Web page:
By Sarah M. LuyengiSchool of Public Service
In two weeks, I'll be wearing walking on a stage in an uncomfortable cap and gown to receive my degree.
The sea of tassels and pointed hats in a congested auditorium will be at a standstill for three hours. It will go by fast-barely even a minute as I shake hands with various people and, suddenly, a diploma scroll will be thrust into my hands. I'll pause for flashing cameras and take a seat. But, while the presenters drone on about "success" and "achievement," will I be paying attention?
My time at DePaul University
as a graduate student has gone by quickly. Only two years ago, I was at another endless ceremony, receiving my B.A. in English. Years before that, I was in my high school's football field saying goodbye to my friends. It is a surreal experience to finish school, whether high school or university. Sure, you have that melancholic feeling of things coming to an end - but also that sense of new beginnings.
When I arrived in the fall of 2014, I carried a new perspective: I would be going to school to focus on a career, while before, I felt unsure what I wanted to do. Instead of large classes with distracted professors, I found myself in smaller classes with attentive professors.
Time flew by with challenging course work and stimulating class discussions, and before I knew it, my time here was ending.
Several classes and professors made a lasting impression. Courses such as International Dimensions of Public Service (MPS 510) and International Organizations Seminar (MPS 614) and professors who featured background in nonprofit management, fundraising and international field work guided me throughout the program.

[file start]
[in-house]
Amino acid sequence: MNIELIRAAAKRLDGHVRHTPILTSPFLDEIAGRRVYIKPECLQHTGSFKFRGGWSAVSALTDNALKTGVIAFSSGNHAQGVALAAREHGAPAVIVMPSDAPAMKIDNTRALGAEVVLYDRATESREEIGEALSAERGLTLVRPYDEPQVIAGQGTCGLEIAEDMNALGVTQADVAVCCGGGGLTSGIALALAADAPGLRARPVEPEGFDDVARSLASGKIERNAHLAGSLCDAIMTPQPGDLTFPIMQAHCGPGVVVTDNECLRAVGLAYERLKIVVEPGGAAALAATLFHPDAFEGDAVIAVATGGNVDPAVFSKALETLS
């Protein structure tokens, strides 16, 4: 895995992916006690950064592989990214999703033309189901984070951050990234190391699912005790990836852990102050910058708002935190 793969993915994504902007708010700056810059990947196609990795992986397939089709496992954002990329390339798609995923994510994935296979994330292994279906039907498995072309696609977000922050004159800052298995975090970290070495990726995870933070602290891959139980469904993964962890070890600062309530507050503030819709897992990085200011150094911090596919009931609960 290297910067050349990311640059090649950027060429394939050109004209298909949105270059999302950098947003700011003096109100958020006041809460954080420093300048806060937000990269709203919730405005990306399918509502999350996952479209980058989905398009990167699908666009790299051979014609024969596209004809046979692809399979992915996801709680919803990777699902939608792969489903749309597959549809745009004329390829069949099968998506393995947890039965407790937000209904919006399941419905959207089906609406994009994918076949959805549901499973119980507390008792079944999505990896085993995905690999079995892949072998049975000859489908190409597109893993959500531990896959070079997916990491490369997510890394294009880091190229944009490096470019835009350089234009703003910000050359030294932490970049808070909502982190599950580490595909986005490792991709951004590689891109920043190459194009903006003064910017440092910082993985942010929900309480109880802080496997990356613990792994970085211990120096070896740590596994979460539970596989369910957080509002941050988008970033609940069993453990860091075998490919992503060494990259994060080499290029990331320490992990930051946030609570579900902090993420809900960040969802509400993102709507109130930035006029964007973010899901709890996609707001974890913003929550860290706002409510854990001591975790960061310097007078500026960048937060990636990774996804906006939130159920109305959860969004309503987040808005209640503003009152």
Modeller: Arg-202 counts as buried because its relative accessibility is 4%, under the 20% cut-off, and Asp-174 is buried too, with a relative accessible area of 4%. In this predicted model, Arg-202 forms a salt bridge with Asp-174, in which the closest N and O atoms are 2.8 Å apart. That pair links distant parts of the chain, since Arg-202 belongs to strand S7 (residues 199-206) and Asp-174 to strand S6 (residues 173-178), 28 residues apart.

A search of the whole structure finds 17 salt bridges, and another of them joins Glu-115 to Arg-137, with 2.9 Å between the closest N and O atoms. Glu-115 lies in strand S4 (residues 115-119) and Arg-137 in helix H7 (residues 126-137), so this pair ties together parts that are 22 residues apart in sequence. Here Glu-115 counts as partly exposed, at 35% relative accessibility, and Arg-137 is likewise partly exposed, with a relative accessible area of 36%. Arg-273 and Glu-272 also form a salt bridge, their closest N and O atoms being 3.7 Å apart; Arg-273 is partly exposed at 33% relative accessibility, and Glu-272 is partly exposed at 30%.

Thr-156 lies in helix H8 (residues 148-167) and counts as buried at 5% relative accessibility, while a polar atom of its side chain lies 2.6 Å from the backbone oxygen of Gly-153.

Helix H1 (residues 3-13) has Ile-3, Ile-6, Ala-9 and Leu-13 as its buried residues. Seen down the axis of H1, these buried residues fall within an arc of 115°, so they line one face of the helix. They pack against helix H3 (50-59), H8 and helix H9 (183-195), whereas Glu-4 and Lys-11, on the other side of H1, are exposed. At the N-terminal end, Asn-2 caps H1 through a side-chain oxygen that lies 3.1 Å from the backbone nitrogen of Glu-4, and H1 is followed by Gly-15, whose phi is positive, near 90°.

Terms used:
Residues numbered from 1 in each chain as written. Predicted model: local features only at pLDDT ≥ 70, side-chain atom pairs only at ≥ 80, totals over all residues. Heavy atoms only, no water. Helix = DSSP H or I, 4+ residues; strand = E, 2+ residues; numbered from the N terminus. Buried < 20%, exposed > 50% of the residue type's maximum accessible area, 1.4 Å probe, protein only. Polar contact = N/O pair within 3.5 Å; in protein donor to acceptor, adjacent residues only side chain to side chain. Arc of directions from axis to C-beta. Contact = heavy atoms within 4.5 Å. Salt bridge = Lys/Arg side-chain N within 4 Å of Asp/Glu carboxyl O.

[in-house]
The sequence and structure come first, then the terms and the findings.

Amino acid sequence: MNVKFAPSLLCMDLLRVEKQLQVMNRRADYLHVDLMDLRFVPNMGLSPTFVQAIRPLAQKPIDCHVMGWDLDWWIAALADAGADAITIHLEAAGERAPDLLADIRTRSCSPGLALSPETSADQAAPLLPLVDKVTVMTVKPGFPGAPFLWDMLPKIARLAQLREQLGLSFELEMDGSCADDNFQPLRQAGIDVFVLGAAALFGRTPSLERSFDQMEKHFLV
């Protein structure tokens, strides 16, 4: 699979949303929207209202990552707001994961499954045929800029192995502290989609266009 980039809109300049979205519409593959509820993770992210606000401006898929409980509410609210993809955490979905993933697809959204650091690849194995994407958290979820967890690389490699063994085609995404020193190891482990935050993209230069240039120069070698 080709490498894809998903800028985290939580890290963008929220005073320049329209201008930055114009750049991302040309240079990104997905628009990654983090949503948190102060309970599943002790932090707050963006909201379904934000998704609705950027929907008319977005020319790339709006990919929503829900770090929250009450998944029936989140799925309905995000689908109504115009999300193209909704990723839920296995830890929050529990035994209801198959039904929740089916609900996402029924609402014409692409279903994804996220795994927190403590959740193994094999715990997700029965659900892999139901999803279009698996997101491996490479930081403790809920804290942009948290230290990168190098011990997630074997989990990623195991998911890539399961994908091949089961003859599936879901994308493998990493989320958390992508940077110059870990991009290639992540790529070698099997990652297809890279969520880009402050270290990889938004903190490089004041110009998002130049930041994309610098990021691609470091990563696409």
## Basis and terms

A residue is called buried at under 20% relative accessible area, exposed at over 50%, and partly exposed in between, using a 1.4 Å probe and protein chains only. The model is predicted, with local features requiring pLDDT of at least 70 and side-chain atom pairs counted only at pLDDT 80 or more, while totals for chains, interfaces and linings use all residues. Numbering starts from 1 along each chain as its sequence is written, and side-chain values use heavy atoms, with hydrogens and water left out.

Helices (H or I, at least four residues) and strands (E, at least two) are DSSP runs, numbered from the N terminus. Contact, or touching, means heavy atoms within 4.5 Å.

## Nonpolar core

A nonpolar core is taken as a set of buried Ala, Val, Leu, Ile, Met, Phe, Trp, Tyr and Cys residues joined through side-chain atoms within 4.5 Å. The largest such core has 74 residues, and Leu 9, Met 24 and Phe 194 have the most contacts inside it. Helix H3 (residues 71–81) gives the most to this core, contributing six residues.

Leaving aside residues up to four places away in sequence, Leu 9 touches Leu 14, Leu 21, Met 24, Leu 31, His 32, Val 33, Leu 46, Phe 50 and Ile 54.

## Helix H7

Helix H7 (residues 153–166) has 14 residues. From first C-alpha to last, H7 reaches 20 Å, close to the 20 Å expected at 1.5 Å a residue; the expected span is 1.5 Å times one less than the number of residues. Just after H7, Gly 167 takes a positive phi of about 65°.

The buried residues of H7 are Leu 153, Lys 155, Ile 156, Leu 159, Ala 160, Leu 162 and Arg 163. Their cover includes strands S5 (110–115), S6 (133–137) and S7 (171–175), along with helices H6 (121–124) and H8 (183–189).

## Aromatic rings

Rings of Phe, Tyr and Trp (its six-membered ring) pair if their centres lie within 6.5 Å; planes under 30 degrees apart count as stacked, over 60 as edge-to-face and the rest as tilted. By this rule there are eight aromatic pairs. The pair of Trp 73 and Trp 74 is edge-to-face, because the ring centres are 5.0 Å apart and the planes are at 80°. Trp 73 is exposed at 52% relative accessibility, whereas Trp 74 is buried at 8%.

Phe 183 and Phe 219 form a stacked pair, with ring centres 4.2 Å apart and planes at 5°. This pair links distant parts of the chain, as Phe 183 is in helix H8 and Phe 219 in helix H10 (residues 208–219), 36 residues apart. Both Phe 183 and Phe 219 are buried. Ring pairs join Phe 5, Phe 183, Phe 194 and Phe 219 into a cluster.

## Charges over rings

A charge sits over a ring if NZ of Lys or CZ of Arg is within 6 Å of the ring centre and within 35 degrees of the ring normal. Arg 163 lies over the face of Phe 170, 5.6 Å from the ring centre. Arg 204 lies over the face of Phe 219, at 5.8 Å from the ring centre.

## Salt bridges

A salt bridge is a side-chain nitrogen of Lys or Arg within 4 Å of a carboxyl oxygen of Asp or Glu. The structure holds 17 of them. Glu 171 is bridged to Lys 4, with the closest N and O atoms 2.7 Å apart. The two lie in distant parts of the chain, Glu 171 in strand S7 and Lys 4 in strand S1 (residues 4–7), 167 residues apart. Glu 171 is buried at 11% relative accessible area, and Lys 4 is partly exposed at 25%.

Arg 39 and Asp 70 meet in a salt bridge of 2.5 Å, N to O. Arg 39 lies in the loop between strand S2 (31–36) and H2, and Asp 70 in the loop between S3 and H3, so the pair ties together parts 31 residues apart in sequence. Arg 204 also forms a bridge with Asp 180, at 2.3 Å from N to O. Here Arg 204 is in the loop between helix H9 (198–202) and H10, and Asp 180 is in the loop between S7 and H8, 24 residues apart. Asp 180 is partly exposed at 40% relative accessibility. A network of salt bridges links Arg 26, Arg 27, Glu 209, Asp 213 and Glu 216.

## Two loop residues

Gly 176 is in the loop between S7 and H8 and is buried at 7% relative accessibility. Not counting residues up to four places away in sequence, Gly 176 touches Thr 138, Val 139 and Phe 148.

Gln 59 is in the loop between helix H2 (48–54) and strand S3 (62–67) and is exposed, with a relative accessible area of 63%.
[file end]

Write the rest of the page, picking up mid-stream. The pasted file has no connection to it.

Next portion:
The highlights? My internships and study abroad
My internships included work as Communications Outreach Intern for Vanavevhu, a small nonprofit that assists child-headed households in Zimbabwe, and as a Program Assistant for World Chicago
, a larger nonprofit that specializes in citizen diplomacy through U.S. State Department
I applied the theories I learned in class in real-life situations, preparing my for a career in international development and sustainability or public policy. The winter of 2015 marked a pivotal moment: I participated in SPS's study aborad program in Tanzania. While the trip only lasted for 11 days, I found myself quickly immersed in the East African culture from the language of Swahili
to the dish of ugali
. I became acquainted with open marketplaces as well as the greetings of "jambo" and "habari."
We visited orphanages, clinics, universities and government agencies, making public service direct and personal.
As I approach the end of my studies, I reflect on what brought me here. The ceremony may be three hours long, but I know that I and my fellow students will be thinking about the future. I would like to work for a small international non government organization (INGO) or deal with public policy, but I see the possibilities as endless.
So, with an abundance of experience packed into two years, what's next? Maybe, especially at first, I'll experience rejection and failure. I'm sure that whatever the experience, it'll make me stronger as a public servant.
If you're a student or prospective student at DePaul, I suggest: Keep your options open and remember, "One must be firm and unchanging with regard to the end but gentle and humble as to the means." - St. Vincent DePaul.
Postscript: The graduation ceremony went well. Once I received my degree, I didn't even realize that hours had gone by. It's definitely a great experience that students shouldn't miss!